The module leader recognises that preparation for these sessions is in many ways more challenging than preparing for a lecture (especially if it is a lecture that has been given multiple times). He preps an update on current research to challenge students to comprehend the material (5-6 slides) and tries to think of questions that target learning objectives and address the further reading. In addition to advance preparation, however, the module leader must be prepared to think on his feet, address student questions in novel ways (particularly if a specific topic is providing troublesome), and admit when he needs to go back and research the answer to a question after a student has asked it. Currently, the lectures on the USB stick are recordings of live lectures given in the previous module format. The module leader is considering how new material might be added and how lectures that are less successful might be improved. An additional lecture could be timetabled to cover new material (the lecture of which would then be added to the next year’s USB stick), or a talk at a research event could be similarly recorded and then made available to students.
Why do you do it?
Dr. Jem Stach increasingly believed that lectures are a passive way of learning, emphasising memorisation rather than active learning and comprehension, and that they encourage students to think that coming to lecture is enough to succeed in a module. Lecturers too often feel obliged to be entertaining or to move quickly to keep students’ attention, and they teach to the middle rather than provide assistance to struggling students or engage intellectually with those at the top.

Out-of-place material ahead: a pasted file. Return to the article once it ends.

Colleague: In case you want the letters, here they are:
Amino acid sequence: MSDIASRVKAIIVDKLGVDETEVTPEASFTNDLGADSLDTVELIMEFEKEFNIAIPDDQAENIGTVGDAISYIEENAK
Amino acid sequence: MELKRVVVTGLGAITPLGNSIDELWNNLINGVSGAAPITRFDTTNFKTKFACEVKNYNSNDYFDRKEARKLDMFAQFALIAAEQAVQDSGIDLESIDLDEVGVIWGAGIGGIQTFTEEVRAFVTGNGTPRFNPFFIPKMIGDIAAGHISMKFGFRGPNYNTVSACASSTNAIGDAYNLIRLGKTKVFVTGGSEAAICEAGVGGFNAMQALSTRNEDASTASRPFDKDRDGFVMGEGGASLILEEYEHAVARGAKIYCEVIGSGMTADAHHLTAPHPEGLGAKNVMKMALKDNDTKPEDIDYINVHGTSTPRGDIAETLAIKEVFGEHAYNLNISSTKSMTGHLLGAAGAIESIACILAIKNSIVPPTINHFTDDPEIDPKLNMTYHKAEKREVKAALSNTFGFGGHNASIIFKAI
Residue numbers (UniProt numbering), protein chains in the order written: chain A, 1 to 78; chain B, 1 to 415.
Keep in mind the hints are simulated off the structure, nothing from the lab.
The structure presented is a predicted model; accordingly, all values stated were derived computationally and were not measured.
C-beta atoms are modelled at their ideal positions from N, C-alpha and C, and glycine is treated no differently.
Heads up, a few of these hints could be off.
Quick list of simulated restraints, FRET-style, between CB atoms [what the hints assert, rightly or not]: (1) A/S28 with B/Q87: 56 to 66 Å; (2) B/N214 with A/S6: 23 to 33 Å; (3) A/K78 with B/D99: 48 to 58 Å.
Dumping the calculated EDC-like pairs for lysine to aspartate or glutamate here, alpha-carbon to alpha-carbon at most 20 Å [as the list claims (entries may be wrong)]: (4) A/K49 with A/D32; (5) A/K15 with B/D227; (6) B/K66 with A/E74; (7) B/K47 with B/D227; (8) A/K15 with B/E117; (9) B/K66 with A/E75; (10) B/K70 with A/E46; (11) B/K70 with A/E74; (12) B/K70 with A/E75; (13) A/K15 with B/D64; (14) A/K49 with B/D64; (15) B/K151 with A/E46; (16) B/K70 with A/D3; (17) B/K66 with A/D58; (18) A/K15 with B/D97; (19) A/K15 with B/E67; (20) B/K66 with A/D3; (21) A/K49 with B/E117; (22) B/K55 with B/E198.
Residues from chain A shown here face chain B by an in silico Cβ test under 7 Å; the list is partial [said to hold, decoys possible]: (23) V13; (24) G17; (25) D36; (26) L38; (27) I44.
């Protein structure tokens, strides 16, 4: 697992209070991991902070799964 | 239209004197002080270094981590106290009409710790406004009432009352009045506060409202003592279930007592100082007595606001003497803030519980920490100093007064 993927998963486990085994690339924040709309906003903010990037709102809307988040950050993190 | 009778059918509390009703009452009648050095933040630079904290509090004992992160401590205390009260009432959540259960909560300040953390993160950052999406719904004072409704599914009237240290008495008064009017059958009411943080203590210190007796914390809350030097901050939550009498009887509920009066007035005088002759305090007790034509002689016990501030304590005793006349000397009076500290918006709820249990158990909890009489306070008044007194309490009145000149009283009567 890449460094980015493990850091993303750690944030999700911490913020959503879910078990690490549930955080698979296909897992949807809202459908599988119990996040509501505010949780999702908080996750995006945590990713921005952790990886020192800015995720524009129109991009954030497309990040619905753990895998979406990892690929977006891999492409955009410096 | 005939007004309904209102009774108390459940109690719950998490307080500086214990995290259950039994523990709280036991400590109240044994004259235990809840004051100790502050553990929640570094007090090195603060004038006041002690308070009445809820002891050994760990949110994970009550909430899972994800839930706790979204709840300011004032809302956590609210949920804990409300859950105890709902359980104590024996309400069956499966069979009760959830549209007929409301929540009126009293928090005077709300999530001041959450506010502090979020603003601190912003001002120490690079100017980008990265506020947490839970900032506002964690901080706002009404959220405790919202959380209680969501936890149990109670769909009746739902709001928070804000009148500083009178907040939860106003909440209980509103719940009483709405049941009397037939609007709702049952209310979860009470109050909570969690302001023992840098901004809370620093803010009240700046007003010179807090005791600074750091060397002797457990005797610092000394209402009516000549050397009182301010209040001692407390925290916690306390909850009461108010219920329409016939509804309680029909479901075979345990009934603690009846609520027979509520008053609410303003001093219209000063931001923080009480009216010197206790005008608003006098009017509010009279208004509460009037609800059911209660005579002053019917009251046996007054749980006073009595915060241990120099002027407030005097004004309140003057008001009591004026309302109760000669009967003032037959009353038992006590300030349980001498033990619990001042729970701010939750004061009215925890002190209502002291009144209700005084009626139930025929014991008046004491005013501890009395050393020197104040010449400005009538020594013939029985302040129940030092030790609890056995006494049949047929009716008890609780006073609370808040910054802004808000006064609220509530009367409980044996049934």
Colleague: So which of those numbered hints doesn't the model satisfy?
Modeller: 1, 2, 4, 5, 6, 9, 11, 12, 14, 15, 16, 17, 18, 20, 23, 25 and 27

The objective in changing the module was to create an environment in which students are encouraged to speak out, push themselves, and take ownership of their learning. In addition, the goal was to de-emphasise rote learning and “facts” and to put debate and controversy back into science. See the following site for further information on this teaching philosophy and for a talk that inspired Dr. Stach to change the module format: http://entropysite.oxy.edu/morrison.html
Does it work?
Student satisfaction ratings of the module have improved, and they are more active in expressing their appreciation of the learning format. Students also learn from each other and use the challenging questions asked by top students to rethink their own approach to the material. Moreover, the module provides increased interaction with academic staff and enhances the use of research-led teaching. The new format also helps students to recognise that ReCAP and Blackboard are not only revision tools (useful as a way to reiterate lecture), but that they can more productively be used by students to prepare questions for further discussion of the material.
The updated format also has benefits for the module leader: a sustained connection to research in teaching, since current research can be brought into the discussions with students, and a means of discovering what information needs to be taught more clearly (if students have numerous questions in the same area).